Decoding Brand Knowledge using Functional Neuroimaging
Dr. Ming HSU
Haas School of Business
University of California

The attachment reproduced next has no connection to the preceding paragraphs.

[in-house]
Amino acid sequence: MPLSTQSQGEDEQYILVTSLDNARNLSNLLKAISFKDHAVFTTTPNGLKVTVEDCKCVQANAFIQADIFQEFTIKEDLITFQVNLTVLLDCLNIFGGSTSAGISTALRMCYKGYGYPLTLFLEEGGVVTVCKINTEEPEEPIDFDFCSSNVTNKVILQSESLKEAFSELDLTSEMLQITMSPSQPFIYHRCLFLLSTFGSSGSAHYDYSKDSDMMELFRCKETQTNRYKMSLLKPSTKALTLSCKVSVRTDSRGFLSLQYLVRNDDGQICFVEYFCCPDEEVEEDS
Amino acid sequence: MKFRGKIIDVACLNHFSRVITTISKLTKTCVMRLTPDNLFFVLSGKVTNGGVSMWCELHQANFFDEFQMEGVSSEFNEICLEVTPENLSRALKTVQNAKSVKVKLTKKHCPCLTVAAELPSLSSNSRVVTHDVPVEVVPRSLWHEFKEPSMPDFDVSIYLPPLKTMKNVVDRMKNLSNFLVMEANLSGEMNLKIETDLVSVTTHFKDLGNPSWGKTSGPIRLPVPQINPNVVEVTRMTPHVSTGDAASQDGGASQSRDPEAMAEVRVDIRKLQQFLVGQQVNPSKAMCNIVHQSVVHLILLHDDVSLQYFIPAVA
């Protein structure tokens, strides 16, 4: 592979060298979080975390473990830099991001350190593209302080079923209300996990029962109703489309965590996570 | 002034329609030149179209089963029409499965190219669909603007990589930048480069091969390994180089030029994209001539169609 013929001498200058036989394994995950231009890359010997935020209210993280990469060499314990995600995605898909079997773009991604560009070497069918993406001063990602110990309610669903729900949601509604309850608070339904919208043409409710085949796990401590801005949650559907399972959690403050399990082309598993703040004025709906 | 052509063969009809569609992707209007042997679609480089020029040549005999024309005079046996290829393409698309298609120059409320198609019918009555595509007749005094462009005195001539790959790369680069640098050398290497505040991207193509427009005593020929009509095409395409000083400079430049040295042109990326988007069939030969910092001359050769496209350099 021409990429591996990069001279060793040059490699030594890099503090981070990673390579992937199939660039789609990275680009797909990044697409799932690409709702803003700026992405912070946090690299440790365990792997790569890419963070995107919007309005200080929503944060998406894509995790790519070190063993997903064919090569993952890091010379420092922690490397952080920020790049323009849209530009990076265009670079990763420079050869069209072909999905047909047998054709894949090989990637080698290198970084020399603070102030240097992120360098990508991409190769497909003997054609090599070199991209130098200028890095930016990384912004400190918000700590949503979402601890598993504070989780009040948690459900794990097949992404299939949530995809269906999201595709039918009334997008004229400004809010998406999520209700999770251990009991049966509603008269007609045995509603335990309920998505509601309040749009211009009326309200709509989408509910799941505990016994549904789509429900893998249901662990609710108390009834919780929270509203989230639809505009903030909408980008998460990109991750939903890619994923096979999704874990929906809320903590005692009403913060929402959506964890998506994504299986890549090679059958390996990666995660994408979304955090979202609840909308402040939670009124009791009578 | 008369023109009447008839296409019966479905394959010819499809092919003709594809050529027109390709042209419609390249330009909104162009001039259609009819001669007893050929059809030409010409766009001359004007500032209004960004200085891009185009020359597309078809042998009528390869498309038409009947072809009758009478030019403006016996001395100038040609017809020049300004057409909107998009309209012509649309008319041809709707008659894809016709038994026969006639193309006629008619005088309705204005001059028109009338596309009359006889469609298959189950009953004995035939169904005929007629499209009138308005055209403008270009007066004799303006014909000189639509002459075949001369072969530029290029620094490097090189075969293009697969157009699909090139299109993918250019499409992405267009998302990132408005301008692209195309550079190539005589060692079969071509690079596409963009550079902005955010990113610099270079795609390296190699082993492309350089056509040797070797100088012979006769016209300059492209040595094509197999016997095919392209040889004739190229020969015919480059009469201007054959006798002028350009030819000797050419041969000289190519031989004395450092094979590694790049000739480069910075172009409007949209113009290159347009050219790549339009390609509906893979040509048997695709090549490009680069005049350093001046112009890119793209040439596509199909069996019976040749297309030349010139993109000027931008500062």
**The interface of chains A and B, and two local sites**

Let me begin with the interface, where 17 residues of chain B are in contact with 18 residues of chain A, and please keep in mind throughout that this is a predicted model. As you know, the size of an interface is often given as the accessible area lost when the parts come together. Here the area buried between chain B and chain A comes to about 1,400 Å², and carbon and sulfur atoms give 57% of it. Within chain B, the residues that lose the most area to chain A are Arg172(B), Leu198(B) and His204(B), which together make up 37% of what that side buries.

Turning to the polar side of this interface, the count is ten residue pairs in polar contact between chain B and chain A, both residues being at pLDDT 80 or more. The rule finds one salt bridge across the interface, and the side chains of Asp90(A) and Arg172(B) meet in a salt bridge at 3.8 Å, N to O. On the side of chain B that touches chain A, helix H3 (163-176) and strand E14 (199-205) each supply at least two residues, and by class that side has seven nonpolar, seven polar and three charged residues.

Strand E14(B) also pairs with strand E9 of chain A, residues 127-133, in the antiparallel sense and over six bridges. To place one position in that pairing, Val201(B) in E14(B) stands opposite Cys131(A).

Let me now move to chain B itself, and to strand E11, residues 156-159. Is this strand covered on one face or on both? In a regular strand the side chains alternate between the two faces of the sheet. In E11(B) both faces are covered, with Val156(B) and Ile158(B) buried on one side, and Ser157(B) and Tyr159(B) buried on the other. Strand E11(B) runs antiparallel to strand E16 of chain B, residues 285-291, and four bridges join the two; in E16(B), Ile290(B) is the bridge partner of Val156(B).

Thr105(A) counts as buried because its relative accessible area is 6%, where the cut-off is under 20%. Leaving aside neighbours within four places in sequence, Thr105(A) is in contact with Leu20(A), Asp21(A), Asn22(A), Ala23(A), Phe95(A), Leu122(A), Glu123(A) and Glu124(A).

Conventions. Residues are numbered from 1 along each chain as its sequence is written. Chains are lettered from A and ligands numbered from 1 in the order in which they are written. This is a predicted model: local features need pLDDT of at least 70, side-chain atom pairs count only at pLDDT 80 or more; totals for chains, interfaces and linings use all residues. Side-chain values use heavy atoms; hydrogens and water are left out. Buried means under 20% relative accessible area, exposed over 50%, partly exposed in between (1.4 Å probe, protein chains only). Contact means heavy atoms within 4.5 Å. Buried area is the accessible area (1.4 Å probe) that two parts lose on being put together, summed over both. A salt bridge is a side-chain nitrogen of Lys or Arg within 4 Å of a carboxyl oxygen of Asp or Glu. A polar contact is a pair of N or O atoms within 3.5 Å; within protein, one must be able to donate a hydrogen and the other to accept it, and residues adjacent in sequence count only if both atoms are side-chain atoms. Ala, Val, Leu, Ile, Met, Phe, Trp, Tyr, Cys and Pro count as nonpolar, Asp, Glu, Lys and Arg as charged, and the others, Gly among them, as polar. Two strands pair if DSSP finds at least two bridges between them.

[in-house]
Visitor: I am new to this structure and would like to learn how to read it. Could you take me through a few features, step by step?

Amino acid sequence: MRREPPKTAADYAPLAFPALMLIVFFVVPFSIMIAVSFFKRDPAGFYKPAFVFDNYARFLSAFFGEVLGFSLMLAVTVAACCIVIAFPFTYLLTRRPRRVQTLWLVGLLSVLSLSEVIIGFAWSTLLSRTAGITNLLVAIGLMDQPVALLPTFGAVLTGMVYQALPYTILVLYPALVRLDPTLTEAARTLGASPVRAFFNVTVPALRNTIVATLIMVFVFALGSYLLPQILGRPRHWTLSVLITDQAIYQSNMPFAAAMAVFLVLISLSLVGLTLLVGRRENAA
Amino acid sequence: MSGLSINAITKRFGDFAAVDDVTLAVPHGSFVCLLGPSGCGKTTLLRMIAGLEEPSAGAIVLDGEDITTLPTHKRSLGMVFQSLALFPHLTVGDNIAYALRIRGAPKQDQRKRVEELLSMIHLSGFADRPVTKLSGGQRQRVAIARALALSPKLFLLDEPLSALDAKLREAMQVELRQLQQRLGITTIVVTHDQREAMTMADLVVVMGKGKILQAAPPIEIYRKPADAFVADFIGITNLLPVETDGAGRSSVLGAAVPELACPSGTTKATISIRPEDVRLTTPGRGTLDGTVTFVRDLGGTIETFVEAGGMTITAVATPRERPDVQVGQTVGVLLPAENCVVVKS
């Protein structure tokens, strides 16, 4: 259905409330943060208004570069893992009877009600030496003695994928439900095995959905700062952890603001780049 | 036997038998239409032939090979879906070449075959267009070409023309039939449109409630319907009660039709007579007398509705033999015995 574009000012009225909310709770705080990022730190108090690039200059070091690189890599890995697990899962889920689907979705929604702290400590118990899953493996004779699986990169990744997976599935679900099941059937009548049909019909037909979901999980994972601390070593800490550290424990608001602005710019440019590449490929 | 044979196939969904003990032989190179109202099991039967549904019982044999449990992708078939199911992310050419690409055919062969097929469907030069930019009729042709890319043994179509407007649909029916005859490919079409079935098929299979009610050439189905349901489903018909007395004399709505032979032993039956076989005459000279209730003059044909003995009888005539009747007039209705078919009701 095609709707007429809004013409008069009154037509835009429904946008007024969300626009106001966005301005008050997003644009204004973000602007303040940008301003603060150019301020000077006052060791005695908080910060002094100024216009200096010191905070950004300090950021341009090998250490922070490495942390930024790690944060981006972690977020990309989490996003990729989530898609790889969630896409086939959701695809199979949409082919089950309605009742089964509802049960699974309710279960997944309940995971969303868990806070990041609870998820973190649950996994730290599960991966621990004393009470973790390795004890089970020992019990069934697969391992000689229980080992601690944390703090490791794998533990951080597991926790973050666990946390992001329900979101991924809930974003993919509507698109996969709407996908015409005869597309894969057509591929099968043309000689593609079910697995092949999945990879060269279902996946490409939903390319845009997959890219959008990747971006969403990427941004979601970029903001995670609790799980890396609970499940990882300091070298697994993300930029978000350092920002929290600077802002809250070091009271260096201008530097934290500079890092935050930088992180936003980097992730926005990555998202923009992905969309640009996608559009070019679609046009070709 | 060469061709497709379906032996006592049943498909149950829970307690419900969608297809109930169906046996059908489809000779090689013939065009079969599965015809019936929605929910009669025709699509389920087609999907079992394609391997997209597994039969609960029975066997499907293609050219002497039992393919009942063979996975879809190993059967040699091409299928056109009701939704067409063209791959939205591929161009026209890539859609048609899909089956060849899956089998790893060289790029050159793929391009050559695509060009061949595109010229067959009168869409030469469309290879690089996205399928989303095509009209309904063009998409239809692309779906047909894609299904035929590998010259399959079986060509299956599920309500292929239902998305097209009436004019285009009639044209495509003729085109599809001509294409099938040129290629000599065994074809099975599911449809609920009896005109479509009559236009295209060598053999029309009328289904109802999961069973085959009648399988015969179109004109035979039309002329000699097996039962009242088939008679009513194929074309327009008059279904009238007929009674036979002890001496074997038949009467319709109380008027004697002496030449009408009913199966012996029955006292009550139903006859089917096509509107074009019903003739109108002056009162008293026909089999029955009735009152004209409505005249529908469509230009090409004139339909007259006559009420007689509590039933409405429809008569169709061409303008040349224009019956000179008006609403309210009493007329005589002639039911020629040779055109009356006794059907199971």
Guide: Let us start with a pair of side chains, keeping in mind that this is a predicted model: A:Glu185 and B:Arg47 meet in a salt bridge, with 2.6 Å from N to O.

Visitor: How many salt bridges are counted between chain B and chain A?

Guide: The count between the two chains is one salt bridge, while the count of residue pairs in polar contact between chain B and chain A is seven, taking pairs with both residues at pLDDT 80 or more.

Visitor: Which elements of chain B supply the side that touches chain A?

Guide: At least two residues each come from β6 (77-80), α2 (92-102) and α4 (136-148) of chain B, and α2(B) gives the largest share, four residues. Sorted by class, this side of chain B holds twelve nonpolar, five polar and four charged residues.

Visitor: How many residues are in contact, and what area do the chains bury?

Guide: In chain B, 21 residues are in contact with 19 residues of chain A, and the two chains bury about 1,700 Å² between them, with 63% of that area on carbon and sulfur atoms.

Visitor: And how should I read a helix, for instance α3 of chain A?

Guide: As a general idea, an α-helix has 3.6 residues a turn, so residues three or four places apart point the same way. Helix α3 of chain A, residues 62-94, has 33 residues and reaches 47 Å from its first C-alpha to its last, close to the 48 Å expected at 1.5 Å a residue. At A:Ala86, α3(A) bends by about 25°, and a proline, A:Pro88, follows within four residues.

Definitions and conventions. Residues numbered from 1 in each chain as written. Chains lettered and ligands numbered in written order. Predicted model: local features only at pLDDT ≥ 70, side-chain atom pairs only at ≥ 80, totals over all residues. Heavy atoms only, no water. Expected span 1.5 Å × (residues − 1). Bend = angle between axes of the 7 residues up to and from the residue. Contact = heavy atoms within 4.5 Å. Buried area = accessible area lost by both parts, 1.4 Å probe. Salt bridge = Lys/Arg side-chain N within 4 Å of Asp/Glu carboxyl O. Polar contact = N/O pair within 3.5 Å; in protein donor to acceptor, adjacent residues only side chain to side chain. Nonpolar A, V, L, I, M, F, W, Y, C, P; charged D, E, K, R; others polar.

Considerable attention has been given to the notion that there exists a set of human-like characteristics associated with brands, referred to as brand personality. Here we combine newly available machine learning techniques with functional neuroimaging data to characterize the set of processes that give rise to these associations. We show that brand personality traits exist a priori inside the minds of consumers. That is, as opposed to being constructed via reflective processes, we were able to predict what brand a person is thinking about in a passive viewing task, based solely on the relationship between brand personality associations and brain activity. In addition, we found brand personality contents were distributed across a wide set of brain areas, in particular those previously implicated in reasoning, imagery, and affective processing. Taken together, these results support connectionist models where brand personality emerges from weighted activity across a distributed set of units, and represent an important first step in enabling consumer researchers to access and connect information conveyed by the brain (“what”) to their specific neuroanatomical substrates (“where”).